IBM computer scientists have been at the forefront of scientific and technological innovation across a broad range of research areas. They have made pioneering contributions in artificial intelligence, high-speed processor design, computer architecture, natural language processing, programming languages, optimizing compilers, operating systems, storage systems, computer-supported cooperative work, databases, speech recognition, integer programming, and service-oriented architectures, to name a few.
Congratulations to John T. Robinson and Mike Spreitzer, IBM Thomas J. Watson Research Center, who were inducted into the ACM SIGOPS Hall of Fame for 2015. The SIGOPS Hall of Fame Award was instituted in 2005 to recognize the most influential Operating Systems papers that were published at least ten years in the past.
Details of the two awards are:
H. T. Kung and John T. Robinson. On optimistic methods for concurrency control. ACM Transactions on Database Systems (TODS) 6(2), June 1981, 213-226. "This paper introduced the notion of optimistic concurrency control, proceeding with a transaction without locking the data items accessed, in the expectation that the transaction's accesses will not conflict with those of other transactions. This idea, originally introduced in the context of conventional databases, has proven very powerful when transactions are applied to general-purpose systems."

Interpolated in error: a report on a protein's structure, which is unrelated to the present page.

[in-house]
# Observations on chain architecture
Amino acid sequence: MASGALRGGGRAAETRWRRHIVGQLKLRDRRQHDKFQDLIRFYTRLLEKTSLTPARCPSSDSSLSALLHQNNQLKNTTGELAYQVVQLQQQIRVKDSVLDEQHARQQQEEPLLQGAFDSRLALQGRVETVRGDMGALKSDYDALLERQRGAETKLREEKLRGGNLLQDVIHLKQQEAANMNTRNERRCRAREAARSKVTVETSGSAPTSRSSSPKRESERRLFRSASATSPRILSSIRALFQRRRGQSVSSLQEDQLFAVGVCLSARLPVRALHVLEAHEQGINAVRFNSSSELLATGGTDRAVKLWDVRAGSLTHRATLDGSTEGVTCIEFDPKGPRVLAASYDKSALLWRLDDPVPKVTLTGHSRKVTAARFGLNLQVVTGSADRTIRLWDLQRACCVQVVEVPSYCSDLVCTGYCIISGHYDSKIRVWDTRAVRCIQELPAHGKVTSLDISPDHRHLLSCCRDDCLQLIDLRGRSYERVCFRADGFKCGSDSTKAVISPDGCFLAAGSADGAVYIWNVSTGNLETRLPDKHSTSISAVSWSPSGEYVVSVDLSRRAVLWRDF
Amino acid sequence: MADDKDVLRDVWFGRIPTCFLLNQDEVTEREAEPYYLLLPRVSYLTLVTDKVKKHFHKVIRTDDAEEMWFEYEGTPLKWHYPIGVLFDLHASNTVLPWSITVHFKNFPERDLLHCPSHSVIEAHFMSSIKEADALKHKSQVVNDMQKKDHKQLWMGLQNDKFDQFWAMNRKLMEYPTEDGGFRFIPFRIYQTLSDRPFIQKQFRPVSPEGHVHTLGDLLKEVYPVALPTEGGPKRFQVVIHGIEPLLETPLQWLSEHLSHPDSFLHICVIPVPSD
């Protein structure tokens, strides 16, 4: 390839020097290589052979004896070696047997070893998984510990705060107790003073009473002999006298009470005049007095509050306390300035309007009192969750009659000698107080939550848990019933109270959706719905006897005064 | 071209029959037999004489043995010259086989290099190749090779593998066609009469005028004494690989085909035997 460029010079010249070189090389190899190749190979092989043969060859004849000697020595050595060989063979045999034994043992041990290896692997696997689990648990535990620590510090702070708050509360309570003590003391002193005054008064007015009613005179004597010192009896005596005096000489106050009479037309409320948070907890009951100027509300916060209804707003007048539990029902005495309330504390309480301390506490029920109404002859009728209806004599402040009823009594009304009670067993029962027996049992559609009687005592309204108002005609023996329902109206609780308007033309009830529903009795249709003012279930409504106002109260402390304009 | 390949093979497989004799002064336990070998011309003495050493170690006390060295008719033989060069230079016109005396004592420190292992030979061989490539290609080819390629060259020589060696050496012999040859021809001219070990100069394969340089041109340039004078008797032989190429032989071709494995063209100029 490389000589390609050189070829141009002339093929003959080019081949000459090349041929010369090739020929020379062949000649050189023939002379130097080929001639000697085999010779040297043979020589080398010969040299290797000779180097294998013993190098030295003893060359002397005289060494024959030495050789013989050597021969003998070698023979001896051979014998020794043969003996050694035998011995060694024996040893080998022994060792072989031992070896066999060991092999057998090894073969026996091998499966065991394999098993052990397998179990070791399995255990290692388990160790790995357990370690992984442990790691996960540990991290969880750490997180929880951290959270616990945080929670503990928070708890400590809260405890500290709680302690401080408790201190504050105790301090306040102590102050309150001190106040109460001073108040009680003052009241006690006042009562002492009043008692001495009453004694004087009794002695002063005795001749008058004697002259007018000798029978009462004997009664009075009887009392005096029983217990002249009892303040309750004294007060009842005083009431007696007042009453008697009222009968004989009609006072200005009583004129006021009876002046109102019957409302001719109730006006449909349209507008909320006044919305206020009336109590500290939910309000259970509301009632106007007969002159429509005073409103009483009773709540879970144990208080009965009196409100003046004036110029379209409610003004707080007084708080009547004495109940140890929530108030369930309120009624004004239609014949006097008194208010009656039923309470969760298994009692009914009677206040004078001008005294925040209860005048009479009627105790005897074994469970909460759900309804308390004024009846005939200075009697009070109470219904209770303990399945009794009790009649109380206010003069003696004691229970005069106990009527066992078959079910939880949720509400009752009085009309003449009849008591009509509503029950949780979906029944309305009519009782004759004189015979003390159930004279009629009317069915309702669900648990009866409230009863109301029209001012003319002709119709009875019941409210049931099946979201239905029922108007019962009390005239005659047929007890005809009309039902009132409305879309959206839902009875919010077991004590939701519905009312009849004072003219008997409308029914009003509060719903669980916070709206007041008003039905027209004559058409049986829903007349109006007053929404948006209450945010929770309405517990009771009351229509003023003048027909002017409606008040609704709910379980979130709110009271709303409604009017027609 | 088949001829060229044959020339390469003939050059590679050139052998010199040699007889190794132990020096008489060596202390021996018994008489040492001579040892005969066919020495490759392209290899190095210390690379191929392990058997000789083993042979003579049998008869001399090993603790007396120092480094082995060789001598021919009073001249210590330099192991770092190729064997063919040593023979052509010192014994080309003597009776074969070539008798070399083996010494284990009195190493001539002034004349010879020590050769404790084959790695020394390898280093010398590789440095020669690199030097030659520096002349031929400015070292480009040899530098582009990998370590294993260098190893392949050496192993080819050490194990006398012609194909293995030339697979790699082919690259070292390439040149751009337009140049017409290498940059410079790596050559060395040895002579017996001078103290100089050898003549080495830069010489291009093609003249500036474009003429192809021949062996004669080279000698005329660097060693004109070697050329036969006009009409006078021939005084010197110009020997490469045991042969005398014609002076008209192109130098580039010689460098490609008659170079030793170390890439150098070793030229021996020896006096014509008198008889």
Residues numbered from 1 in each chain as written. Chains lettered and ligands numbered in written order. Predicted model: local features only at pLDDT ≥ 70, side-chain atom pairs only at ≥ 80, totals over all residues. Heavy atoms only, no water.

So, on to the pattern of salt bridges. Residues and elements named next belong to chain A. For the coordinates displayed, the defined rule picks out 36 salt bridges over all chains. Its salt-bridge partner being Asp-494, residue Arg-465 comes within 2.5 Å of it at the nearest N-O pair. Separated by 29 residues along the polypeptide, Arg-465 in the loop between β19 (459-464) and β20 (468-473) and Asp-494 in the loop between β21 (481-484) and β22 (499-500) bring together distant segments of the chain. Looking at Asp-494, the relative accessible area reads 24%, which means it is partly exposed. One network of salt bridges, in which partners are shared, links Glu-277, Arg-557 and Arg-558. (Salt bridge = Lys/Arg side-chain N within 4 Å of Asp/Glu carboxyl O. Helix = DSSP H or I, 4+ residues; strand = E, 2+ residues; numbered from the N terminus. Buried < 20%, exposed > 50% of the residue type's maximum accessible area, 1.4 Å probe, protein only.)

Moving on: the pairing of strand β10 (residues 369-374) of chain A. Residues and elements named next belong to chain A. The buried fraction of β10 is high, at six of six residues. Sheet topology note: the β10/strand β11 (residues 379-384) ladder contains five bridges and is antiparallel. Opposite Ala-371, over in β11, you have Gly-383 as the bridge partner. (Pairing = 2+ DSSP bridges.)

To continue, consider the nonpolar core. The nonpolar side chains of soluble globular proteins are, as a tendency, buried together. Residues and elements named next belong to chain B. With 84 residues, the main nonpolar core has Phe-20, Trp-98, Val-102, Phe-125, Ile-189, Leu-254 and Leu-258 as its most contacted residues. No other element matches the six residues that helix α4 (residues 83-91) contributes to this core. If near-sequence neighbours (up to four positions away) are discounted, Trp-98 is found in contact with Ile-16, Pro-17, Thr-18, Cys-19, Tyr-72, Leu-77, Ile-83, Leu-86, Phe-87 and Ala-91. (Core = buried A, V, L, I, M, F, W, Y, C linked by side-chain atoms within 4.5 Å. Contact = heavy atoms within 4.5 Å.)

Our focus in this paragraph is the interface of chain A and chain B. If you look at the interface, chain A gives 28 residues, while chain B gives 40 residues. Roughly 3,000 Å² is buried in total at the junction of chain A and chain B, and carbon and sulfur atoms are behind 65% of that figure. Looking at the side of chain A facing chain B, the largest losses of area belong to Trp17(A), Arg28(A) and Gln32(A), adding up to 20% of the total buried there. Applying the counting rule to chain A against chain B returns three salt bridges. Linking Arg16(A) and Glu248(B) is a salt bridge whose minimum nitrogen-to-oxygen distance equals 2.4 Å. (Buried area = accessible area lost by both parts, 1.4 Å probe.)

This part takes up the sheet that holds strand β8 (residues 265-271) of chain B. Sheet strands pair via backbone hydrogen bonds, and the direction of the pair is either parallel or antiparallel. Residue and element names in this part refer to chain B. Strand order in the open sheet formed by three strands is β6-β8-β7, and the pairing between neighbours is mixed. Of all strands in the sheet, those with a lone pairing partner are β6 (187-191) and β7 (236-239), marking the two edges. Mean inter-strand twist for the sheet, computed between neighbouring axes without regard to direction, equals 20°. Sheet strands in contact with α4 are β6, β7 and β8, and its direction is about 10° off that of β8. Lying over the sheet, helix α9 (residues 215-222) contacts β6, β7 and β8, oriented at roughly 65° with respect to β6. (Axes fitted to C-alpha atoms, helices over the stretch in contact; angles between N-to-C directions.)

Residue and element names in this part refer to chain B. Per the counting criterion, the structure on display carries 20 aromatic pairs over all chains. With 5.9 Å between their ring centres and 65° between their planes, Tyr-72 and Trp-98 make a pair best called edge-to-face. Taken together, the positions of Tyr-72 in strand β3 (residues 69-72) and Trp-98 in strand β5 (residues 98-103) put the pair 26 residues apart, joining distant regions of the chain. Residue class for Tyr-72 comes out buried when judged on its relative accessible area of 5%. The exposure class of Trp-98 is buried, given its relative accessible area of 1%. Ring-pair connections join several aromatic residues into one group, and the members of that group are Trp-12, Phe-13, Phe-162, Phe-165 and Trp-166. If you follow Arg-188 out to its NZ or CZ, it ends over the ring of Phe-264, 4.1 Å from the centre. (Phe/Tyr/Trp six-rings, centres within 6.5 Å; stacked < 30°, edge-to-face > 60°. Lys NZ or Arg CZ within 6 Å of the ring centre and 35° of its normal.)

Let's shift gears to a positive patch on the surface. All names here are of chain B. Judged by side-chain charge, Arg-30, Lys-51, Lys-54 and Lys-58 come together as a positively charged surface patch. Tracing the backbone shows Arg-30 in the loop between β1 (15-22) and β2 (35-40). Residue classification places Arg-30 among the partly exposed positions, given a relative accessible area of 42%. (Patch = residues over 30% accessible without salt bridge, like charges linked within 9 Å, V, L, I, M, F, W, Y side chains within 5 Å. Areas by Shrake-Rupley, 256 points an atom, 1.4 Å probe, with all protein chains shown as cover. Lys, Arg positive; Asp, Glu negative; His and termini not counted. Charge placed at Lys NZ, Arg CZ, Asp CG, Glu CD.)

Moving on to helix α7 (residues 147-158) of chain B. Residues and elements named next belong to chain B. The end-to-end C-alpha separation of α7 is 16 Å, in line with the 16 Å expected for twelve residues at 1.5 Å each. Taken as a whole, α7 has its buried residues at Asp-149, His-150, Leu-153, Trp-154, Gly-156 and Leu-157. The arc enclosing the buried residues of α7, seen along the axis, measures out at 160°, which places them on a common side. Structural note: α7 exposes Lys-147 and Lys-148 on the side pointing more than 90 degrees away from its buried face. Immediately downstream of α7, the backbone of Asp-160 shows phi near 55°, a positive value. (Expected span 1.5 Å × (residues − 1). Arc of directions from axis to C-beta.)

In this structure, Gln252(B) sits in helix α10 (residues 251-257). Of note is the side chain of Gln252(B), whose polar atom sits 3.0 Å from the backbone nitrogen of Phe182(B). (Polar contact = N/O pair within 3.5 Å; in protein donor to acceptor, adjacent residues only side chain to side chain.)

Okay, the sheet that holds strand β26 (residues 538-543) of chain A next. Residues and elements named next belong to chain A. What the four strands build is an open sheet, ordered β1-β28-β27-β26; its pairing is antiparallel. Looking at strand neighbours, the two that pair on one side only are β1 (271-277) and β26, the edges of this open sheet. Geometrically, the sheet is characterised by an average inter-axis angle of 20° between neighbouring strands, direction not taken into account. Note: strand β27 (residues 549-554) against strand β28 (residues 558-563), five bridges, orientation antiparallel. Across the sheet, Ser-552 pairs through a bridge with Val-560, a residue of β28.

D. B. Terry, M. M. Theimer, Karin Petersen, A. J. Demers, M. J. Spreitzer, and C. H. Hauser. Managing update conflicts in Bayou, a weakly connected replicated storage system. In Proceedings of the 15th ACM symposium on Operating Systems Principles (SOSP '95), December 1995, 172-182. "Bayou is a replicated storage system that anticipated the world of numerous small mobile devices executing collaborative applications over unreliable networks. The paper describes a client-server storage structure supporting eventual consistency, anti-entropy protocols, disconnected operation, log-based recovery, and an application-centered approach to detecting and resolving update conflicts to arrive at consistent replicas. These concepts were backed up by a prototype implementation, two applications, and a simple performance evaluation. Bayou is still relevant to the problems faced by, and the solutions employed by, a large number of today's modern applications."